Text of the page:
Synthesis blog - imagining what the future landscape in a world of self-driving cars would look like.
Alphabet’s Waymo is already on the streets. It’s important to note that they have not yet begun public usage. In other terms, nobody outside of the Waymo bubble has had the chance to be chauffeured around by the first legitimately driverless cars on the road. Waymo plans to roll out the service to the entire Phoenix area, but is currently confined to small parts of the city. According to Ars Techinica, Waymo is planning on replicating this roll-out style in the rest of the country when they have a large enough fleet of cars. The success of this operation is critical to the public’s perception of self-driving cars. This is the first time that regular people will be piloted in cars with no human at the steering wheel.
AVs might make commutes much easier, but they might also make commutes much longer. Increased suburban sprawl is a serious concern, but luckily urban planners are already thinking of potential solutions.
AVs are already being used as public transit in some areas. There are still issues to iron out, but the AVs are going slow enough to be extremely safe for pedestrians. Might pedestrians take advantage of AV safety features and eventually take over roads?
AVs are programed to ignore speed limits, but should they be? Should it depend on context?
AVs have trouble identifying bikes, which poses serious problems for safety. One possible solution is to dedicate more road space to bikes, but that might be hard to do in our (autonomous) car-addicted culture.
The most problematic use case for AVs to interact with manual cars is in cities, and the most problematic situation within cities is the intersection. Priority signals are already being used to expedite rapid transit, and the same idea can be applied to self-driving cars. Because AVs have the capability to move faster and still operate safely, as well as to communicate with other vehicles and the infrastructure around them to synchronize movements, priority signals can minimize the number of conflicts between AVs and the rest of vehicles and also help reduce traffic.
Highway driving is an already established use case for autonomous driving. The full benefits, however, can only be attained when the interference of manual-driven cars are removed from the scenario. Dedicating an AV lane on highways would be a cost-effective measure to modify infrastructure to cope with the transition period to full autonomy, as well as provide much-needed improvements in traffic.
Highway driving is a very constrained use case, which has allowed successful testing of autonomous technologies such as Tesla's Autopilot with little problem. But, cities pose unique challenges for AVs to cope with, and one of the largest challenge is the permanent presence of pedestrians. Safety of everyone should obviously be paramount, but just where the compromise lies between pedestrian and AV-rider convenience within cities is still to be determined.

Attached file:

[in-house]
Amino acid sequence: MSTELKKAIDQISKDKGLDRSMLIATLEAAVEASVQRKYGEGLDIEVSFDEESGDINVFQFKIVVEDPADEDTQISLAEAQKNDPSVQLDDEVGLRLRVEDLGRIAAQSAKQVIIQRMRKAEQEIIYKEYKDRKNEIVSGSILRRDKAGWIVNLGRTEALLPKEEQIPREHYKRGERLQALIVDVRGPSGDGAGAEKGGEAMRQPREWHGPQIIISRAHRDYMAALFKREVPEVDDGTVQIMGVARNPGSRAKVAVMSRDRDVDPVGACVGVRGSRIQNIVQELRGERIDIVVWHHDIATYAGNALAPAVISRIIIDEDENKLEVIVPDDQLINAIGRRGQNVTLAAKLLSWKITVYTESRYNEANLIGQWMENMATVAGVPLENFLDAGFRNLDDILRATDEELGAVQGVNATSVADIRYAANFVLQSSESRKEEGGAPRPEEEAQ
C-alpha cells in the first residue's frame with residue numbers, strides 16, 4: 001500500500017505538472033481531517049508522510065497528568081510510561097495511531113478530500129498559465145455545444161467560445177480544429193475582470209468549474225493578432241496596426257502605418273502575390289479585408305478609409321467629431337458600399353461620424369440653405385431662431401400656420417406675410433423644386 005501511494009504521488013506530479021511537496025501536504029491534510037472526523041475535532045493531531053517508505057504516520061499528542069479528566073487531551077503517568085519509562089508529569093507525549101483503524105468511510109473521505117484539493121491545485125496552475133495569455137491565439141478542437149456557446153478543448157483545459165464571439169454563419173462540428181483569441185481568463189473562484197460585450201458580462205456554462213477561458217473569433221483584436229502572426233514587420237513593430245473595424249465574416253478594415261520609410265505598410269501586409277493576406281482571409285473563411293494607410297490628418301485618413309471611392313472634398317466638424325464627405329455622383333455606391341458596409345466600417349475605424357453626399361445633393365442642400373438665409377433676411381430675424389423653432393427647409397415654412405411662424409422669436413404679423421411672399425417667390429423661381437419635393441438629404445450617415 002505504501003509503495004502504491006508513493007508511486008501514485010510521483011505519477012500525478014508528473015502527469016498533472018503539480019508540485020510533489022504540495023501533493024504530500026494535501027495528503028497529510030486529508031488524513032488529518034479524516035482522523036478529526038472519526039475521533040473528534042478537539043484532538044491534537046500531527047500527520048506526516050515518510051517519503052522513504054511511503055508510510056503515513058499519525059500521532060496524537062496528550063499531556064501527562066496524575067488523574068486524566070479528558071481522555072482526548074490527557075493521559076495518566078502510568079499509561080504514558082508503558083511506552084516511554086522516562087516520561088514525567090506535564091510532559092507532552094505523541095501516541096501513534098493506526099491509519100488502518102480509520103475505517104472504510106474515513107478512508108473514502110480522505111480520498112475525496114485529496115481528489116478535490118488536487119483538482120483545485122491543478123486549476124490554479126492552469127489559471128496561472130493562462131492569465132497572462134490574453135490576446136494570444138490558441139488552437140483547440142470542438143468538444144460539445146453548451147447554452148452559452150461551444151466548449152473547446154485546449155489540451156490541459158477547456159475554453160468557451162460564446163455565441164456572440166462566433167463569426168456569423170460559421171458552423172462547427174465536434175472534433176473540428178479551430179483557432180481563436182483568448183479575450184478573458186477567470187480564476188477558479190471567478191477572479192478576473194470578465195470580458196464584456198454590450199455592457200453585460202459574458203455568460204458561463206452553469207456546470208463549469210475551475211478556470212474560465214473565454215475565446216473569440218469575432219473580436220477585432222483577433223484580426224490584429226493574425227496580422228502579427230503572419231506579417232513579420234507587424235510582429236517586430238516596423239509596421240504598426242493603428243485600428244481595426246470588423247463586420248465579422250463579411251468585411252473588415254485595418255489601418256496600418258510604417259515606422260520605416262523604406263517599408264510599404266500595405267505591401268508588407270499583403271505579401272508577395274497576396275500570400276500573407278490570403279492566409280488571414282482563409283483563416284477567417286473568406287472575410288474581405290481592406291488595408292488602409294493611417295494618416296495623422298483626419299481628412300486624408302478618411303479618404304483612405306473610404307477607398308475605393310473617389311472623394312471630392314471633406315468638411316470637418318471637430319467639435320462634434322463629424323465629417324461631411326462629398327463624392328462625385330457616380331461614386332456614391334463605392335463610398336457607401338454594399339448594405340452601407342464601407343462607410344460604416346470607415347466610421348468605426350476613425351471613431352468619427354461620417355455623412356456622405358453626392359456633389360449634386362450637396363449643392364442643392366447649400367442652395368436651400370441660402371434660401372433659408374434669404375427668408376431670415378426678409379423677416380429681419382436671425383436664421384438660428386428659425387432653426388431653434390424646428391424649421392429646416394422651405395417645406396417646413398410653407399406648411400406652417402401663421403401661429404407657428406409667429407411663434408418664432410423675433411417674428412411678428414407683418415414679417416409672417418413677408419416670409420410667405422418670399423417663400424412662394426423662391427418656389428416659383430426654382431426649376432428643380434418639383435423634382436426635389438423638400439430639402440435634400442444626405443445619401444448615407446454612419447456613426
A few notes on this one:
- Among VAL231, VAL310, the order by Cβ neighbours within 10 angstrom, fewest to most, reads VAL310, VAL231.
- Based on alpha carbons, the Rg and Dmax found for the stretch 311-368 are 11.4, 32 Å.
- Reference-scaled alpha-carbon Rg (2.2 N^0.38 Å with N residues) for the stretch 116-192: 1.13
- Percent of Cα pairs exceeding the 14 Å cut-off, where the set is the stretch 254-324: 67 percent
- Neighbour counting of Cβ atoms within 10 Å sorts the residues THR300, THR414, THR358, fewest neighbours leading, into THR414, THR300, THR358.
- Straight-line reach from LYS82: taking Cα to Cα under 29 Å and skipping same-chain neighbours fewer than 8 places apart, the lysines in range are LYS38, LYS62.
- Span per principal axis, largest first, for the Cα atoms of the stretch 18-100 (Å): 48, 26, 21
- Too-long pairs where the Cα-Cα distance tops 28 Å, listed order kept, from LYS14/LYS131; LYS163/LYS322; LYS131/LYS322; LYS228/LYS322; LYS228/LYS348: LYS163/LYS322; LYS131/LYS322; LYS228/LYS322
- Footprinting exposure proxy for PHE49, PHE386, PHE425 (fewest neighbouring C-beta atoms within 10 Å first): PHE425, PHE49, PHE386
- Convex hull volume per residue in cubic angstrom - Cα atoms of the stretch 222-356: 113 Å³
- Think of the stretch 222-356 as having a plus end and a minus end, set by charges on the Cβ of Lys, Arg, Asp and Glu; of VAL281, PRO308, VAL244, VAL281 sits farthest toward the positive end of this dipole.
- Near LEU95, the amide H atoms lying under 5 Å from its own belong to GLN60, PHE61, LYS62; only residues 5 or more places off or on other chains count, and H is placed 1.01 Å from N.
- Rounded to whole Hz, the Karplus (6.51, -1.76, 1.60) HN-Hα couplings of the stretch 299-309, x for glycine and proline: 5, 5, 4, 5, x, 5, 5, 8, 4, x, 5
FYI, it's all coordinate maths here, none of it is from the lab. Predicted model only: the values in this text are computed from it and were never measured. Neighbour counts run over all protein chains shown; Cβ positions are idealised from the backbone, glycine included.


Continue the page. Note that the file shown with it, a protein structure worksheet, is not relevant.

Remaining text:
The reality remains that most cities will have to slowly adapt to accommodate self-driving cars. But, it is interesting to consider the cases where entirely new urban developments place no restrictions on infrastructure development. This provides insight into what the "ideal" self-driving city would be, and what our current cities could aspire to.
Infrastructure change tends to be thought of in terms of new structures and redesigning existing structures, but the adoption of autonomous vehicles will also allow the elimination of many traditional features of infrastructure. The home garage, public parking facilities, mechanic shops, traffic lights, gas stations, and even road signs could be potentially eliminated. The disappearance of these institutions might be unsettling at first, but soon they just might be mentioned in history books.
Every day seems to offer a new vision of autonomous vehicle infrastructure. It can be confusing enough for industry professionals to make sense of it all, much less the politicians that will be making decisions on it. The current state of our infrastructure is terrible, which provides the opportunity to design improvements with self-driving cars in mind in order to prepare for the future.
Although ownership is on the rise, people are beginning to use car sharing services more and more in order to supplement traditional sorts of transportation like busses and personal cars. There have been numerous studies about the cost of transportation and all signs point towards the fact that ride sharing is increasingly becoming the most efficient and economic form of transportation. So the question is, will city owned public transportation be a common occurrence in the future? I believe that cities will stray away from traditional public transportation and be forced to either privatize it or create newer and more efficient ways to provide public transportation that can compete with ride sharing.
Nearly every autonomous vehicle company is currently looking at how to augment existing cars and public transportation to perform as autonomous vehicles. In order to fully utilize the benefits of AV’s we need to think about completely new ways to do public transportation. A few companies have begun to look into new types of busses made up of individual pods that will fuse the idea of ride sharing and busses into a new and incredibly efficient form of transport. China is also looking into ways to expand AV’s above the roads in order to utilize vertical space as well as horizontal space.
Cars were not always the dominant mode of transportation on streets – it used to be pedestrians. As cars became increasingly deadly for pedestrians, people wanted to place limits on drivers. Drivers and car manufacturers pushed back, and successfully victim-blamed and criminalized pedestrian actions.